niger ambush
Members of the 3rd Special Forces Group, 2nd battalion cry at the tomb of U.S. Army Sgt. La David Johnson at his burial service in the Memorial Gardens East cemetery in Hollywood, Florida, Oct. 21, 2017. GASTON DE CARDENAS/AFP/Getty Images

A month-long military investigation into the ISIS ambush in Niger last October found “individual, organizational, and institutional failures” led to the deadly attack, which claimed the lives of four U.S. soldiers — Staff Sgt. Bryan C. Black, Staff Sgt. Jeremiah W. Johnson, Staff Sgt. Dustin M. Wright and Sgt. La David T. Johnson.

Apart from the four, five Nigerian soldiers were killed and eight Nigeriens and two Americans were wounded when a group of armed Islamic State militants attacked them in Tongo Tongo, Niger, on Oct. 4 while they were returning to base after a mission.

An eight-page report, released by the Pentagon on Thursday, listed insufficient training, lack of rehearsals, poor planning and command mistakes as reasons that resulted in the deadly incident. It said the soldiers “did not conduct pre-mission rehearsals or battle drills with their partner force [Nigerien soldiers]” prior to the mission.

As part of the investigation, the team “examined documentary, photographic, audio, video, and testimonial evidence to make findings of fact. It interviewed 143 witnesses, including survivors of the attack, one of whom accompanied the team back to the battlefield to explain what happened during the 4 October 2017 incident.”

The probe team, however, said "no single failure or deficiency was the sole reason for the events."

The report also states the mission didn't get required senior command approval. On Oct. 3, two junior officers "inaccurately characterized the nature of the mission" to get approval from a higher ranking officer for an operation targeting a local ISIS leader. The officials did not inform about this mission to the higher-ups and instead, a much lower risk mission was submitted and approved, it added.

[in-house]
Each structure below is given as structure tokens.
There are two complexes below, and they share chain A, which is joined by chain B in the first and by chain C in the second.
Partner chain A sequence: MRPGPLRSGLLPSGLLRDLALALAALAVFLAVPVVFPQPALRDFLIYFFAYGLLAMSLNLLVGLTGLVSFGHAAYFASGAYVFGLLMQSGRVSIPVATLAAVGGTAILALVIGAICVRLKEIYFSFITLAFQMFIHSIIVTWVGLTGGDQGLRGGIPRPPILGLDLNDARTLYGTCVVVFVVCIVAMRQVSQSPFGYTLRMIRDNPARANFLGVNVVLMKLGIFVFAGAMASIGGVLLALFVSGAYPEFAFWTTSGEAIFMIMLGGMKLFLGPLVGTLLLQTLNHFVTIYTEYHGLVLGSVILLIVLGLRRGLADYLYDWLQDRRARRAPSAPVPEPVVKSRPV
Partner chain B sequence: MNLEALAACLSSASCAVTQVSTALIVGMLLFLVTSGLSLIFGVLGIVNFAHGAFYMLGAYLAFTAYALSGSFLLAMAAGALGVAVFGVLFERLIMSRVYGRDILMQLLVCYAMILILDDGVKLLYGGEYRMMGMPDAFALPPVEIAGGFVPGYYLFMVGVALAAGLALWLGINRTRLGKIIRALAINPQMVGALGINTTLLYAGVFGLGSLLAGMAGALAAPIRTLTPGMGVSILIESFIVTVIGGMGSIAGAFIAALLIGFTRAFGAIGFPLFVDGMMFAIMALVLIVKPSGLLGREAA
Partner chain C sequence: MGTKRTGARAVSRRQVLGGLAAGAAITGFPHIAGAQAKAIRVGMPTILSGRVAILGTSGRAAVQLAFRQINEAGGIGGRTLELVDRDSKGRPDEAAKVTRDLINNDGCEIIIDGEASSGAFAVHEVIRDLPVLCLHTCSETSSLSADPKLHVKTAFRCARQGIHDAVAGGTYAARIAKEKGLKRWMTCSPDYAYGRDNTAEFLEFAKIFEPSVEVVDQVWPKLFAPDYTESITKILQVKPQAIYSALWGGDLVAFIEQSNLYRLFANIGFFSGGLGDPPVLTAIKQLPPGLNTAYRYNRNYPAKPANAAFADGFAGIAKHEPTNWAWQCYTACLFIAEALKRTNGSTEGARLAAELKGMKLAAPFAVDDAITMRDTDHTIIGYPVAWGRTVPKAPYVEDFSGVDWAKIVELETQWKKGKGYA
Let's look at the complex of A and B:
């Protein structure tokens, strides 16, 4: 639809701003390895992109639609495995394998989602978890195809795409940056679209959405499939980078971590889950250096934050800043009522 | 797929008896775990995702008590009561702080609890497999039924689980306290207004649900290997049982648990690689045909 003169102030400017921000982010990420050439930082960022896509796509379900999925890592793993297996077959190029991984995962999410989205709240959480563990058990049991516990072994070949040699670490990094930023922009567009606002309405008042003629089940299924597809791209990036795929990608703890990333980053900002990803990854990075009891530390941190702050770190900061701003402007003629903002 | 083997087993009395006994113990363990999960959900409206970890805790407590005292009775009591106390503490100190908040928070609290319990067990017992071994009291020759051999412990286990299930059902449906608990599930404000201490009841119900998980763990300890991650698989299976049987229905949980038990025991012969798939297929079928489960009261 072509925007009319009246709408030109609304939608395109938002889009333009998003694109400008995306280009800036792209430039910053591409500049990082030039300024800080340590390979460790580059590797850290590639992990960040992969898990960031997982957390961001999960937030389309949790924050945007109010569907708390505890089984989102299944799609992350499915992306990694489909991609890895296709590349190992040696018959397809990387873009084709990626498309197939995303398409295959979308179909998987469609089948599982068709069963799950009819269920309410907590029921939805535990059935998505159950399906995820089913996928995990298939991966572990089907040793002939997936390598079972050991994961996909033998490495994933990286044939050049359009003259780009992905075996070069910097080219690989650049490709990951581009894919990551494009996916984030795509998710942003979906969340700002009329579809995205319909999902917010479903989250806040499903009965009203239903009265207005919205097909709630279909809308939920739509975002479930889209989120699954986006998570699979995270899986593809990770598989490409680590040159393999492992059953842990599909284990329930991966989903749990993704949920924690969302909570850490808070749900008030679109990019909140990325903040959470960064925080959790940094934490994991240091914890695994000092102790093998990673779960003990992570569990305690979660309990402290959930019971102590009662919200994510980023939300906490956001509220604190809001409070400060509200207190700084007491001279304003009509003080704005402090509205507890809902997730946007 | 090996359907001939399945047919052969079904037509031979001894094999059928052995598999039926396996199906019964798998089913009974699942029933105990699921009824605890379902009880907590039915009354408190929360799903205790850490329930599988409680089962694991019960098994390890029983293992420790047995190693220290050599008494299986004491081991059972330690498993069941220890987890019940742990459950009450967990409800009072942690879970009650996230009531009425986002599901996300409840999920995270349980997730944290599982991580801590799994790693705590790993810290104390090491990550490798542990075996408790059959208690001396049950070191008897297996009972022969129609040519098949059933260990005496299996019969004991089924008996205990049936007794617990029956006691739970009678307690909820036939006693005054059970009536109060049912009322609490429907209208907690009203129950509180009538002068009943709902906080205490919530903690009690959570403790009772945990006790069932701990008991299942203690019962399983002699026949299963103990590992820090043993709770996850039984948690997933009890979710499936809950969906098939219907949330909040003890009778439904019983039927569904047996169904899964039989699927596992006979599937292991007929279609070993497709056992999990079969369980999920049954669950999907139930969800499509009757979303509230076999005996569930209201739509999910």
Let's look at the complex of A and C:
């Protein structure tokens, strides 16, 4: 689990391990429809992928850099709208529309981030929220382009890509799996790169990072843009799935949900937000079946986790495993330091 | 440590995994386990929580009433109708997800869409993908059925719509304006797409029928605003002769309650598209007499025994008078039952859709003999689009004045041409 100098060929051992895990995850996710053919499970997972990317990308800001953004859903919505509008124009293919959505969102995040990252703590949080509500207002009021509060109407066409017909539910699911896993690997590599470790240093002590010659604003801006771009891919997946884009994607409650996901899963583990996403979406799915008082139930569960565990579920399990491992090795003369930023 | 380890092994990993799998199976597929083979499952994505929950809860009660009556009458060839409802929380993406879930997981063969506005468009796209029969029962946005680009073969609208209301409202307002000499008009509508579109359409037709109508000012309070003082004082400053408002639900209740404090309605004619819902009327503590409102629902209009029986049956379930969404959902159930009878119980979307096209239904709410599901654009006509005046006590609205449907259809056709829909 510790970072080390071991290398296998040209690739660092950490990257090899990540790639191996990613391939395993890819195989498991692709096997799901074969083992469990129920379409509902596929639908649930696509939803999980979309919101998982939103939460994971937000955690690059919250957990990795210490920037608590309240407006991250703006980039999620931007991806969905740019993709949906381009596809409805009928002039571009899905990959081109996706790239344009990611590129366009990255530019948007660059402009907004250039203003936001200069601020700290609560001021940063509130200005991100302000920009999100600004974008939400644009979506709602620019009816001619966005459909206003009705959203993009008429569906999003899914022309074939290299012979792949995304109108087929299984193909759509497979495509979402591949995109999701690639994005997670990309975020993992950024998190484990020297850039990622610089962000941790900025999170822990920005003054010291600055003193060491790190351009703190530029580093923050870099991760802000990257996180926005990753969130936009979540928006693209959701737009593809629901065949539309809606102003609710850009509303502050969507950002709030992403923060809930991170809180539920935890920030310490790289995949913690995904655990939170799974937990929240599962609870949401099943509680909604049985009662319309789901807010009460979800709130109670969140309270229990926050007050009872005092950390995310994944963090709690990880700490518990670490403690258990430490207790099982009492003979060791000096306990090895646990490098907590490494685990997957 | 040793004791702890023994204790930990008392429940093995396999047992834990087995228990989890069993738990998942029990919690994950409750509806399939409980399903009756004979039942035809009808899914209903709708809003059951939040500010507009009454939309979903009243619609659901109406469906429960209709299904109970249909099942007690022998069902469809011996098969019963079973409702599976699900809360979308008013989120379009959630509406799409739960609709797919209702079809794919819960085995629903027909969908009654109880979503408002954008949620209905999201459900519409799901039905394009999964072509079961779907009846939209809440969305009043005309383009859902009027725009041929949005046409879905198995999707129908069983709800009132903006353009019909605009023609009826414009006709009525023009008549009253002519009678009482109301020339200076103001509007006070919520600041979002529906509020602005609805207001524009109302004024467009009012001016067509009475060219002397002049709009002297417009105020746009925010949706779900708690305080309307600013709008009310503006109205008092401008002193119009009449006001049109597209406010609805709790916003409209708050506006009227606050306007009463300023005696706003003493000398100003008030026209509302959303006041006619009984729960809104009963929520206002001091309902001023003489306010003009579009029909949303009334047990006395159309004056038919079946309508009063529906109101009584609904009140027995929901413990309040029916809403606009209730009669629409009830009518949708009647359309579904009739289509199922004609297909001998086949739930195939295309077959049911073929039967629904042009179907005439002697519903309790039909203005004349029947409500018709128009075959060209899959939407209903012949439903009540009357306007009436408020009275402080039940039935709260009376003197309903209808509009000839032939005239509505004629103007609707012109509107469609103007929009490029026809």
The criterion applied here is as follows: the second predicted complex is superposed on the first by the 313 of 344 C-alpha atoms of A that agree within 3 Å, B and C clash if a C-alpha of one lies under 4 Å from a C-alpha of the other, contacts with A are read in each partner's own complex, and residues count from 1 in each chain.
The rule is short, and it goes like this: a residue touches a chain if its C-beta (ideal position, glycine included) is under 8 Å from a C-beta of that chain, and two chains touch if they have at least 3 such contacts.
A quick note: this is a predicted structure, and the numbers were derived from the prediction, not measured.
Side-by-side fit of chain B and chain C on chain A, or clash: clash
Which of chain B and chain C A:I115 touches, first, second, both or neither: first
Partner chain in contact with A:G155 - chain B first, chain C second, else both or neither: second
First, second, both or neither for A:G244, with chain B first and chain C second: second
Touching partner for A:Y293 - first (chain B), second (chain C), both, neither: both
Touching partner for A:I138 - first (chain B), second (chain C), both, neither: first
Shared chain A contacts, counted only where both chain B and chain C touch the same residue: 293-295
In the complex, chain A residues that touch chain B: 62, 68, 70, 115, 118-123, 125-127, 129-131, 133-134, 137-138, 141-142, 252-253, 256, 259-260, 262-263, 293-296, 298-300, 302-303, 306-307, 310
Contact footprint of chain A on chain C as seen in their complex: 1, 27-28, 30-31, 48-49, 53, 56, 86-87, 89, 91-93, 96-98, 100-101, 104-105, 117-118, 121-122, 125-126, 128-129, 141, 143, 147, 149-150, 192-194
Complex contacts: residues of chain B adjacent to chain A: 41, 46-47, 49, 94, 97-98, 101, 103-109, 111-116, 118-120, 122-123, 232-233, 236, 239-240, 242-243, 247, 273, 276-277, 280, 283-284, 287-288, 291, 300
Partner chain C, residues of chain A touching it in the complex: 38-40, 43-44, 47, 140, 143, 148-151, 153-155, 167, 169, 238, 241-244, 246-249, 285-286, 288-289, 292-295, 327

"The initial concept of operations submitted for this mission was not approved at the proper level of command," the report stated.

However, Maj. Gen. Roger Cloutier, who led the Pentagon probe, said Thursday it "wasn't a deliberate intent to deceive.”

Speaking to journalists at the Pentagon on Thursday, U.S. Africa Command (Africom) head Marine Corps Gen. Thomas Waldhauser said necessary changes were made following the incident to make U.S. forces deployed in Africa safer.

“We are now far more prudent in our missions," said Waldhauser. "The missions we actually accompany on have to have some type of strategic value in terms of the enemy we're going against.”

“I will ensure that lessons learned [from the incident] are communicated to all levels within Africom as well as within the component commands, and integrate these changes into our daily operational activities. I take ownership of all the events connected to the ambush of 4 October. Again, the responsibility is mine,” he added.

Speaking about lack of training, he said: “In an operation where you're under enemy contact, you need to be able to operate like clockwork without having to speak because you know the drills. In this particular case, the team did not conduct those basic soldier level skills that would, that are really necessary to go on an operation such as this.”